In a previous engagement, Corporate Affairs Manager – External Communications at Debswana, Agatha Sejoe, said for a contract as big as Cut 9, there was no Botswana owned company that fit for the job and that Botswana companies were sub-contracted by Majwe. Further, it emerged at the 2018 Diamond Symposium Conference that local companies handle less than 10 percent of De Beers annual event management budget commitment that is estimated at somewhere between P15 million and P30 million per annum. Since 2015, local companies say De Beers has preferred and used South African companies over local suppliers. Last year In2structure, a South African company specialising in designing and manufacturing of custom tailor made portable venues, was engaged to supply a large dome at the airport for the diamond conference. Eyethu Events was tasked with the Gaborone Main Mall aspect of the event, the Entrepreneur Catalyst, and the dinner for the conference that was styled Diamond Banquet. DKSS Audio and Video was engaged for sound, stage and lighting for the Diamond Conference, the Entrepreneur Catalyst and the Diamond Banquet. Gearhouse was engaged for sound, stage and lighting for the Diamond Banquet while an unnamed South African PR firm that De Beers has declined to name was engaged for management of international media.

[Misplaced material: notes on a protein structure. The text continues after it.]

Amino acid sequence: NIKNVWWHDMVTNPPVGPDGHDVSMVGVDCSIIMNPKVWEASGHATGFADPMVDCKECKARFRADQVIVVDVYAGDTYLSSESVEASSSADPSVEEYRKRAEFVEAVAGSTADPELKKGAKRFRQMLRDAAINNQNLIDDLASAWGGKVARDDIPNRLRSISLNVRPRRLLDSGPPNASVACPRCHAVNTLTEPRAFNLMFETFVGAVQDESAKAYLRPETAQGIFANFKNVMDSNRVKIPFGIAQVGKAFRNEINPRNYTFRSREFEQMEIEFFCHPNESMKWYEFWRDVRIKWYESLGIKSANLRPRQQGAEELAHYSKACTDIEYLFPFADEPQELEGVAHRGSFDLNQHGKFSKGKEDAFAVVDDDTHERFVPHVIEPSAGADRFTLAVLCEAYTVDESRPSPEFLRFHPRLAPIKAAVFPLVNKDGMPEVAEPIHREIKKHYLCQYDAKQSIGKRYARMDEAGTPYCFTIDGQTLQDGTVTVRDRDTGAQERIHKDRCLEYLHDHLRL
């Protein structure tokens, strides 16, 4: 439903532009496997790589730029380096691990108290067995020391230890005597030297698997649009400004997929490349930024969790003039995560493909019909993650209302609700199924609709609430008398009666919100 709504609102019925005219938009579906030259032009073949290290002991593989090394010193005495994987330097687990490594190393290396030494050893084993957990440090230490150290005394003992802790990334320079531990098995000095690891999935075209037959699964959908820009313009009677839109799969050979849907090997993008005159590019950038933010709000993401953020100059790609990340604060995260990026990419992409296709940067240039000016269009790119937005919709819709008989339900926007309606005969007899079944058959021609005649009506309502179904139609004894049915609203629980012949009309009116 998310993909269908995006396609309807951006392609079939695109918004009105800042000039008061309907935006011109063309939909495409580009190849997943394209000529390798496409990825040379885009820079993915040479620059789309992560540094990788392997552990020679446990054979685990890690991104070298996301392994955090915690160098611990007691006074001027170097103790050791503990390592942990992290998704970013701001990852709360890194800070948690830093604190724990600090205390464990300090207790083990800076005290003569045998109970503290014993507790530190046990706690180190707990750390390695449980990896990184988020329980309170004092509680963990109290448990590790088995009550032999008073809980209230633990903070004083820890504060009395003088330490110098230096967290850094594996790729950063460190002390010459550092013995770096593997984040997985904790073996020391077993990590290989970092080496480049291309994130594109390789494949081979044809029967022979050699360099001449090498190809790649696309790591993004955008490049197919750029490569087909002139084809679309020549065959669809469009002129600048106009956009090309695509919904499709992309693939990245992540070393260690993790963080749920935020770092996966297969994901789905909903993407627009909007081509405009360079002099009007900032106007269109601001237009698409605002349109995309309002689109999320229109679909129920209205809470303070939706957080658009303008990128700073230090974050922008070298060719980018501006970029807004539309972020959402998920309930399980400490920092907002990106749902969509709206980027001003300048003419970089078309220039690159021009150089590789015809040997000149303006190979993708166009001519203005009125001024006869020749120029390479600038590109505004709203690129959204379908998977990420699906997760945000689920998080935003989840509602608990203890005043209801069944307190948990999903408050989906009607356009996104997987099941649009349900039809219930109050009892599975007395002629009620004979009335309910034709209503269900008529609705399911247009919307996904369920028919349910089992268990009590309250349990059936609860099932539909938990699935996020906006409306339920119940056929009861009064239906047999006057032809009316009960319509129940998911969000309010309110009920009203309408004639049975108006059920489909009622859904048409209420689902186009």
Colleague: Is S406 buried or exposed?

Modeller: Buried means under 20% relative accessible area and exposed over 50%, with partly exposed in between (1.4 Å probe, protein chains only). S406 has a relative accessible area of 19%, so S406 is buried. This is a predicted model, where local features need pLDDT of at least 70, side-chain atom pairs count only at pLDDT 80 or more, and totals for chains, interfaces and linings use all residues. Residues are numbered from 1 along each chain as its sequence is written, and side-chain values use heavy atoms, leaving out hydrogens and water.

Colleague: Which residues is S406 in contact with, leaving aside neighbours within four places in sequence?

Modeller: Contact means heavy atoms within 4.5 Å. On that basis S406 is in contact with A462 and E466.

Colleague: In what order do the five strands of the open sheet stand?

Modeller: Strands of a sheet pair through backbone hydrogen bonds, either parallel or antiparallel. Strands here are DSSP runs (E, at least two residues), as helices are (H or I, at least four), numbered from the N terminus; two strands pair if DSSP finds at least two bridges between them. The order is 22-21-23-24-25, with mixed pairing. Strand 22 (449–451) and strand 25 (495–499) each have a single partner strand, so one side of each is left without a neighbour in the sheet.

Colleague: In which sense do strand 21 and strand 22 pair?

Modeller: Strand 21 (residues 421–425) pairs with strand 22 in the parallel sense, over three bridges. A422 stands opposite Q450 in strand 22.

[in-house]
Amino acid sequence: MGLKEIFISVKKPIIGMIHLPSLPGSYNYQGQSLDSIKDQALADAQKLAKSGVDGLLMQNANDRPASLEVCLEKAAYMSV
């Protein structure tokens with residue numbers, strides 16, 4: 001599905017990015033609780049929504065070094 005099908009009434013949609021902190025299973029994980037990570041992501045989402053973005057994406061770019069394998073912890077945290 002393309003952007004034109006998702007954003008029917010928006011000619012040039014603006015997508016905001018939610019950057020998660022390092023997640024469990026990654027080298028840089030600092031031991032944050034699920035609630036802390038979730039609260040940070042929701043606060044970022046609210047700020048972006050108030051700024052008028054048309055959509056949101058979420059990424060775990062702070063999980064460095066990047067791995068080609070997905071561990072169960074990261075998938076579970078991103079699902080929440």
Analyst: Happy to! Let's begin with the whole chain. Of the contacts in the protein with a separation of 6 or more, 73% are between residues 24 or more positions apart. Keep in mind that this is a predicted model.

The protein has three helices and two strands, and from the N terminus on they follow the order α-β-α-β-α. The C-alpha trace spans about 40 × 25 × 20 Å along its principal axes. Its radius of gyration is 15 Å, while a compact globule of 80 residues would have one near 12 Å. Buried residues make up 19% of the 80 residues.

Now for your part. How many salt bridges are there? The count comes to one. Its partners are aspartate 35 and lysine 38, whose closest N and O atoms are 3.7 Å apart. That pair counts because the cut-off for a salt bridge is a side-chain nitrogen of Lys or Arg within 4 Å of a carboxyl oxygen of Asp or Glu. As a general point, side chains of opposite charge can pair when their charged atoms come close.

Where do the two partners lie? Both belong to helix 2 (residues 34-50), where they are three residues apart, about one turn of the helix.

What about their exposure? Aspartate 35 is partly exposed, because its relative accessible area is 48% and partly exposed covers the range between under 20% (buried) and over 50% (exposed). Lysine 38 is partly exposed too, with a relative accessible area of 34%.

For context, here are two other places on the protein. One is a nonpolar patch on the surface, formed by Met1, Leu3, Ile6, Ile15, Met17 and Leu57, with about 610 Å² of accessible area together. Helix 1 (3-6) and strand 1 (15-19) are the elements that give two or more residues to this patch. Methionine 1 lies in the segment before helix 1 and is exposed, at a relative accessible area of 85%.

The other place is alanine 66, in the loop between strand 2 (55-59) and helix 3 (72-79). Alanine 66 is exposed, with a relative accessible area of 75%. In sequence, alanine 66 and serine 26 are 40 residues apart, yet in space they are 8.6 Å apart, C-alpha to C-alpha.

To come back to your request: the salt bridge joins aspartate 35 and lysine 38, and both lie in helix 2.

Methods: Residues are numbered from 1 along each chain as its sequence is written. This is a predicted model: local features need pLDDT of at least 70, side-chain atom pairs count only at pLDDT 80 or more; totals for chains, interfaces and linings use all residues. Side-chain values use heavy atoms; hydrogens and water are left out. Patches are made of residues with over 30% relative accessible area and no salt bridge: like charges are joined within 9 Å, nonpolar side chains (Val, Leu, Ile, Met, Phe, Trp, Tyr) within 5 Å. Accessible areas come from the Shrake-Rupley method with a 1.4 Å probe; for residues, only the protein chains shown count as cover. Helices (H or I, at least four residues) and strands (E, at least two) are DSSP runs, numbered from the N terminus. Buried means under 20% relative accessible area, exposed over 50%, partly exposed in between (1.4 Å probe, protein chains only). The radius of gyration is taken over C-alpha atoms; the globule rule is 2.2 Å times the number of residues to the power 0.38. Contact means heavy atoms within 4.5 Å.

This has been found to be in violation of Botswana’s Mines and Minerals Act and numerous other laws and policies. The Mines and Minerals Act Chapter 66.01 provides for the holder of a mining licence to procure locally.
TAX AND ROYALTIES
In 2018, De Beers paid US874.8 million (P9.3 billion) to the Government of Botswana in total taxes and royalties. Corporate tax amounted to US448.8 million (P4.7 billion), royalties and mining taxes amounted to US326.6 million (P3.4 billion) while other taxes and payments totalled US99.4 million (P1 billion).